• Culture can only be forced so far. When I talk about “culture” I am really referring to people getting along with each other, complementing each others skill sets, being willing to admit there are things they do not know, and working towards an end goal as a unified front. People who want to be there are there because… well, because they want to be there. People who joined the company softball team because they are afraid it will reflect badly on them were already unhappy. Happy people work harder. Money is one of those things that is very important when you do not have any of it. We all need to eat, stay out of the cold, and not have our hair turn white when we think of the basic things we can not do for our children. Getting a nice salary bump is a fantastic pick-me-up but it is no long-term solution to your employees ability to be more productive for you. I have no links to back me up on this but, in my experience, the turn around time for companies that think money is the answer to everything is much higher than people who truly enjoy their jobs. Hell, people– such as myself– will accept less money for other perks that cost a company virtually nothing in comparison. I have my own personal preferences but compensation time or surprise days off for a job well done can go a really long way for some ones mental state.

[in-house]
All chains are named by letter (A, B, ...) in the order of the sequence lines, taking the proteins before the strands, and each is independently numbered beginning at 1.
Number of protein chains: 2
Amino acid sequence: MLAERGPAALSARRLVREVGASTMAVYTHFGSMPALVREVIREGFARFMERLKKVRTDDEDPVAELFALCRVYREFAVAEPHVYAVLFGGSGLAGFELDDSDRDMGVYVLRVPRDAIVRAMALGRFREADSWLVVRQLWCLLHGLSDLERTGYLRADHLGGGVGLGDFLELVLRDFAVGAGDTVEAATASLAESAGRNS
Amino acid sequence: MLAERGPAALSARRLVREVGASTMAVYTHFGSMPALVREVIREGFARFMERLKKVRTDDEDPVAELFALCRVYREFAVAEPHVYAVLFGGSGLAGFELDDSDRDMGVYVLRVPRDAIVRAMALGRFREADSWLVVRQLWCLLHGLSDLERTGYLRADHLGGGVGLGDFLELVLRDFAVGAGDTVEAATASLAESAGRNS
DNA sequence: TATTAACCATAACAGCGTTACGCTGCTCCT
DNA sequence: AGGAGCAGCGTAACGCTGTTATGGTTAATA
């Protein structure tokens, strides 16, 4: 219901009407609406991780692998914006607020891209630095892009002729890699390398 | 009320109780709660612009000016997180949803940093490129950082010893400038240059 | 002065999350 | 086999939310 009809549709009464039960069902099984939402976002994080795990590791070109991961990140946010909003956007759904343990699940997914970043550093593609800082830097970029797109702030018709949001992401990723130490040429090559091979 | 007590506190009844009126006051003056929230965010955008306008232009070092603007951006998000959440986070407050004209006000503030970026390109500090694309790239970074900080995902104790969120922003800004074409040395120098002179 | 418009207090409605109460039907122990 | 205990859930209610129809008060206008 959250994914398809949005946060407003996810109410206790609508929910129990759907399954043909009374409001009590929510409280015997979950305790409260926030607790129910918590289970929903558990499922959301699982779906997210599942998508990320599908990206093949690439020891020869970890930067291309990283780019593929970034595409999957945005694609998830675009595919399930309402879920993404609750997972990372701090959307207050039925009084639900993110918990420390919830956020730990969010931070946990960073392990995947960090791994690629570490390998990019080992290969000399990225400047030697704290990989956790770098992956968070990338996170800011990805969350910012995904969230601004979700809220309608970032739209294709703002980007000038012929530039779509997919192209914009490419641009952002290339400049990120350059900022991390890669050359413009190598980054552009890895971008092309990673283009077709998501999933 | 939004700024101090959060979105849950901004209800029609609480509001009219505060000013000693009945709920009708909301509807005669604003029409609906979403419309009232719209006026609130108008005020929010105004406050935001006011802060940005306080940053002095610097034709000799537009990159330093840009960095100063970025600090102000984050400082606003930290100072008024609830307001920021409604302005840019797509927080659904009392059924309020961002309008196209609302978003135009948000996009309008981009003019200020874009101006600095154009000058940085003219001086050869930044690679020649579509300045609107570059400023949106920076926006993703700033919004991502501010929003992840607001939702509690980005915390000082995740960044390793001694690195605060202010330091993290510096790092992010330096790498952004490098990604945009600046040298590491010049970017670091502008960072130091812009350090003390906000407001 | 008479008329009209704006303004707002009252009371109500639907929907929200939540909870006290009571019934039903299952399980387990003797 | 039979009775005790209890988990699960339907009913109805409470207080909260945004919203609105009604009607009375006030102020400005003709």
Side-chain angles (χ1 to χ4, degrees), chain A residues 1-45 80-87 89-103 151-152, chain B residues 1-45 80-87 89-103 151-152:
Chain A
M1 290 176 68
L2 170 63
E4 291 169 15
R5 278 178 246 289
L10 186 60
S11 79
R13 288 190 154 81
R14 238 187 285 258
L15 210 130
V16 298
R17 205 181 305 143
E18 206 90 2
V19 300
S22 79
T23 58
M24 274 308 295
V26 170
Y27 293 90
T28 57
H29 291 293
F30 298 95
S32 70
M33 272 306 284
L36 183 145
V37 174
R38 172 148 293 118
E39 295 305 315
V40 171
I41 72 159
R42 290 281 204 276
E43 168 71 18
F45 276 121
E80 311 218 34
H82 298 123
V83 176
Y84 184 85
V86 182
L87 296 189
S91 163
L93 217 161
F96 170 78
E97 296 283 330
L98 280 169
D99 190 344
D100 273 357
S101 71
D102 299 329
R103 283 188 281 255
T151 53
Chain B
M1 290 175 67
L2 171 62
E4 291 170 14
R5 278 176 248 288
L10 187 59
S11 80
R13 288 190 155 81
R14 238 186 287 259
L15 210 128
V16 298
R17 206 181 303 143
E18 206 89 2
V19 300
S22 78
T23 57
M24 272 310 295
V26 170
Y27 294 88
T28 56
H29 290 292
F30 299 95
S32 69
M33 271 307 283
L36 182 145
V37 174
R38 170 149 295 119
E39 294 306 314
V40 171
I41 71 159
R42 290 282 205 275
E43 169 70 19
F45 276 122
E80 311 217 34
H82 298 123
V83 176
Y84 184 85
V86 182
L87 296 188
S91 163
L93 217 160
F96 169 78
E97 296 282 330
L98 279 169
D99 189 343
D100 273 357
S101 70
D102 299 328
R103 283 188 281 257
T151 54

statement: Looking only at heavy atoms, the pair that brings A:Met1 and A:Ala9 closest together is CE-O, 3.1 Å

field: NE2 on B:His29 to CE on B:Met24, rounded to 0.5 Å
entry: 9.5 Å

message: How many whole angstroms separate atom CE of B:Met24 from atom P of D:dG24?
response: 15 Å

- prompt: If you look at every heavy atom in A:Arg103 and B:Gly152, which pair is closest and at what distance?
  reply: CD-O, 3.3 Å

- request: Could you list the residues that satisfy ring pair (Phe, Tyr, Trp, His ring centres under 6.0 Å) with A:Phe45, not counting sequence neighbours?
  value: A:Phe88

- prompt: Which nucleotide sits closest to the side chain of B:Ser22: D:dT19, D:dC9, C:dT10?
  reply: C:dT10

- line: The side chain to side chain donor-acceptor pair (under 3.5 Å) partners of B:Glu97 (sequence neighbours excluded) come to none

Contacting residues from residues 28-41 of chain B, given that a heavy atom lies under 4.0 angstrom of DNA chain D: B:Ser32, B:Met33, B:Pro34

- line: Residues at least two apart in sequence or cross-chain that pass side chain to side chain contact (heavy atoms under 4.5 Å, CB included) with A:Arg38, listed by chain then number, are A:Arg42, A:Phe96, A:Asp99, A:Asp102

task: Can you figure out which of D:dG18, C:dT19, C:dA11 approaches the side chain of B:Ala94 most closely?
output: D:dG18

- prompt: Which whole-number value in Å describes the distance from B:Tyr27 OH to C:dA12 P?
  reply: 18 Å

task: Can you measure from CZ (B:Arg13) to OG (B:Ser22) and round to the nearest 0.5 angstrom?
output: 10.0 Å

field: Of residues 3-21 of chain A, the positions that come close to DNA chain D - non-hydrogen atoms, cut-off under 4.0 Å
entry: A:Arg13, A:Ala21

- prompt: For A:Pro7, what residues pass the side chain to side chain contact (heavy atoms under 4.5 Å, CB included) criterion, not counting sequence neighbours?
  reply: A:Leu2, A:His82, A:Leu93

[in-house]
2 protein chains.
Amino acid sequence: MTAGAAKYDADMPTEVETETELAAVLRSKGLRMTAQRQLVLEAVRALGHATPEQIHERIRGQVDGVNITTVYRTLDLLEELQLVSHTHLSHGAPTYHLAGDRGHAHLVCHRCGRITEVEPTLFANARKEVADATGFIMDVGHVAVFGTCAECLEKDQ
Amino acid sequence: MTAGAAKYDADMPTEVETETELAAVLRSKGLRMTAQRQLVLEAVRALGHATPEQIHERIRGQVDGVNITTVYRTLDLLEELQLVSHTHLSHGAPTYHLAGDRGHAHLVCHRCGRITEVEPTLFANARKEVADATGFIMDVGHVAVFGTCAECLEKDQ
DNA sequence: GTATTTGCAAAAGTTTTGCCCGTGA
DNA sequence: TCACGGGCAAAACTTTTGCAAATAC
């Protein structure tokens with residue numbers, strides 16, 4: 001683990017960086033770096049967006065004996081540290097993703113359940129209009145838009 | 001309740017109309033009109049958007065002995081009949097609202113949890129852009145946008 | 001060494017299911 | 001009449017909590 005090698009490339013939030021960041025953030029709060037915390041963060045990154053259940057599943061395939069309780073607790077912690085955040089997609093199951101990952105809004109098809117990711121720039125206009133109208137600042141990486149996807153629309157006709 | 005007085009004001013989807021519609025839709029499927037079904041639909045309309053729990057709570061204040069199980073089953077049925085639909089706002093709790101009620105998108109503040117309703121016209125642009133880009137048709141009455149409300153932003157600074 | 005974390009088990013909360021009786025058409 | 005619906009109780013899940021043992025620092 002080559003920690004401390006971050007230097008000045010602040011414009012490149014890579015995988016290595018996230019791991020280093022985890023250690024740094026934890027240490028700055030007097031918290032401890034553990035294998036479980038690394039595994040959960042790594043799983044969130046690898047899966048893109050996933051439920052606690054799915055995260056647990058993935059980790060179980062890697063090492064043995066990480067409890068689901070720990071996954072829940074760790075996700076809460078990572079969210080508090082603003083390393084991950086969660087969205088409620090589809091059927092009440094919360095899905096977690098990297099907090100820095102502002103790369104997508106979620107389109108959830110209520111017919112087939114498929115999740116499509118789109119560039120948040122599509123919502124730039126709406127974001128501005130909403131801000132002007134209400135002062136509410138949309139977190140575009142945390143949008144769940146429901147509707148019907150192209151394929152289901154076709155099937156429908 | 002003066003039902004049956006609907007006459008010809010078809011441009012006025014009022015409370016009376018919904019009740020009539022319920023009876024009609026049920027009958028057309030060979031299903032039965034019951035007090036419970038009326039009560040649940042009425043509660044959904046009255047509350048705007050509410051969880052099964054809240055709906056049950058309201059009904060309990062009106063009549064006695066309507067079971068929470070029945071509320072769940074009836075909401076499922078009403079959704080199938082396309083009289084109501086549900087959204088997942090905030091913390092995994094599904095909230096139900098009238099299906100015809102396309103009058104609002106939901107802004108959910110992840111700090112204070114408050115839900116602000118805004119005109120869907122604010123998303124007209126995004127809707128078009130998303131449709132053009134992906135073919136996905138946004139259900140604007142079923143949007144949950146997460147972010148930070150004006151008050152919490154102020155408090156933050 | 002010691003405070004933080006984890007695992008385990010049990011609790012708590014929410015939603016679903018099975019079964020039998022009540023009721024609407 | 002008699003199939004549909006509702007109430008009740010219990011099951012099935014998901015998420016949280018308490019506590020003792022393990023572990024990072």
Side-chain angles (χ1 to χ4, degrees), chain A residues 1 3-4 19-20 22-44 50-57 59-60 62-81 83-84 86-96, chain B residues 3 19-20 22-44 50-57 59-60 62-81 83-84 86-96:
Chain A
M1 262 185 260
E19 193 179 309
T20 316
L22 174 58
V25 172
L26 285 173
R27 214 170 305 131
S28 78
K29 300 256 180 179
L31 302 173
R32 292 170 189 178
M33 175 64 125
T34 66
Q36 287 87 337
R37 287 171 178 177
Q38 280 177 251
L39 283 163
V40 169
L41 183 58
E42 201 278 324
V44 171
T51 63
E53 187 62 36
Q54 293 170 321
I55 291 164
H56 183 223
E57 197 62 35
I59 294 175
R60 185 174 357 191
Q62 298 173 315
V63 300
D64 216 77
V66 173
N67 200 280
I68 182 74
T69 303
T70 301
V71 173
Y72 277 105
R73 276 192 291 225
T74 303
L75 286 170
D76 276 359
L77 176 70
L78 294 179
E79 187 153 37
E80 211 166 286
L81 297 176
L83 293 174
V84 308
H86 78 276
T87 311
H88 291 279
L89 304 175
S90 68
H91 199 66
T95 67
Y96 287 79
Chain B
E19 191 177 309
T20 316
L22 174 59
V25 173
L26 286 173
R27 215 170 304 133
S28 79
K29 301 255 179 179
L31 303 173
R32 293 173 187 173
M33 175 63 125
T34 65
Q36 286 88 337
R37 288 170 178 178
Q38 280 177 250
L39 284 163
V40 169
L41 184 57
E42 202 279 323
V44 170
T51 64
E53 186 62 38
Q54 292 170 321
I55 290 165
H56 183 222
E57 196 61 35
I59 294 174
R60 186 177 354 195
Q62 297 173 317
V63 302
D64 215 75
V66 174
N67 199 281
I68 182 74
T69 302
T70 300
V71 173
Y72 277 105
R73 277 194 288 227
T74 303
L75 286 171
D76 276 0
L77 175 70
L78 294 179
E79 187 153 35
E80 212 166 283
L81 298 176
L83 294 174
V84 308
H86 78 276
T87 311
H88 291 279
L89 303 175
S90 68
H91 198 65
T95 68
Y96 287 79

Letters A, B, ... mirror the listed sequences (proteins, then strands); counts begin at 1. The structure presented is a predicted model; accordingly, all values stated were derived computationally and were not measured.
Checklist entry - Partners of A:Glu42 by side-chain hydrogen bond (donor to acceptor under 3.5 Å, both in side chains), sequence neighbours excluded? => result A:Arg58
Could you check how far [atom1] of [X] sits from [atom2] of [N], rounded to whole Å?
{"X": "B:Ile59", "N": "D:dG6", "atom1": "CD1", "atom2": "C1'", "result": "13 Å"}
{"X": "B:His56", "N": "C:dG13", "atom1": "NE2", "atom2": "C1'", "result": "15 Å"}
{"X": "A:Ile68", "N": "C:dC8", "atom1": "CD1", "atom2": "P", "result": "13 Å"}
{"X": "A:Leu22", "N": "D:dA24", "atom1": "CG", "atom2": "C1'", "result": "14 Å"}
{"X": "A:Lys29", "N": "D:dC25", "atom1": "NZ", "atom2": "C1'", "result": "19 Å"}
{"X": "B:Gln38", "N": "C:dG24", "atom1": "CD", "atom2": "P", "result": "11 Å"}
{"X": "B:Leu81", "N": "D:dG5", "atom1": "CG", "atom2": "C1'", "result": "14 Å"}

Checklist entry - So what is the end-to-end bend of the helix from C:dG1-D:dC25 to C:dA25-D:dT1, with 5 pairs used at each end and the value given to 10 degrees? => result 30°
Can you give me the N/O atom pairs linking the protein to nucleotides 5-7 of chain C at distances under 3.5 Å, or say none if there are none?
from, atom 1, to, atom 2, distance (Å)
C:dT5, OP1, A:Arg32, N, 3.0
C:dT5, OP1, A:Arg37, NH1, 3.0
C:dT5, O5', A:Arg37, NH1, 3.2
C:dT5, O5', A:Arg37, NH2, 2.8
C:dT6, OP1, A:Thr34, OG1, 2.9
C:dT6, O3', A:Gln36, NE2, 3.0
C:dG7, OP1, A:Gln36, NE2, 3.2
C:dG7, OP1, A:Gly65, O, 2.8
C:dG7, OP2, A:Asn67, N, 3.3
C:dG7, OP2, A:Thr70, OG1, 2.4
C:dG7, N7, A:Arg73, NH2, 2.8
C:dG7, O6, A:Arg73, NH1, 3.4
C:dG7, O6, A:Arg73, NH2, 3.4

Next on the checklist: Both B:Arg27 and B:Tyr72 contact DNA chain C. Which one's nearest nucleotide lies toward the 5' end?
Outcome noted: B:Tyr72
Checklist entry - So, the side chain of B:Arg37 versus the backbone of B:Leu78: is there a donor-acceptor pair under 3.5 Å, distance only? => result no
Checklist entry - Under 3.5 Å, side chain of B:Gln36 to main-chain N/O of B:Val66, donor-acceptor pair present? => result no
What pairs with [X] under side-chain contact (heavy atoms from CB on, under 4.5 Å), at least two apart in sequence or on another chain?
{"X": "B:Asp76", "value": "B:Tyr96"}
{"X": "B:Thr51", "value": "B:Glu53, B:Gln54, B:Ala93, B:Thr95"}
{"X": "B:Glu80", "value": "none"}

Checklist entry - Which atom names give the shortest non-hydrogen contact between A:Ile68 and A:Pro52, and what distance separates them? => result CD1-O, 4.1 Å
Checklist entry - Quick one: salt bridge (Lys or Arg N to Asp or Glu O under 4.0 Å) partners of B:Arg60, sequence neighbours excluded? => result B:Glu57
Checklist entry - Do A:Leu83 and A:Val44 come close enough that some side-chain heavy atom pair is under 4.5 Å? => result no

I realize some of (all of?) this comes off as a war cry against The Man™ and makes me sound like a rebel. I suppose in some respects I even am. I am not anti-big company nor am I trying to convince anyone to change anything they are already doing that works; A company is there the make a profit and my job, as a programmer, is to do with what I have and churn out code as fast as I reasonably can for said company. There is a balance there that, in a perfect world I would rally against, but in reality I see it as a necessary evil. These are just my thoughts on the subject as I have seen them over and over recently. Most of the old ways of doing things have lasted this long for good reasons, but so has evolution. Keep in touch with your people, communicate often, and remember the long-term far out weights the short-term nine times out of ten.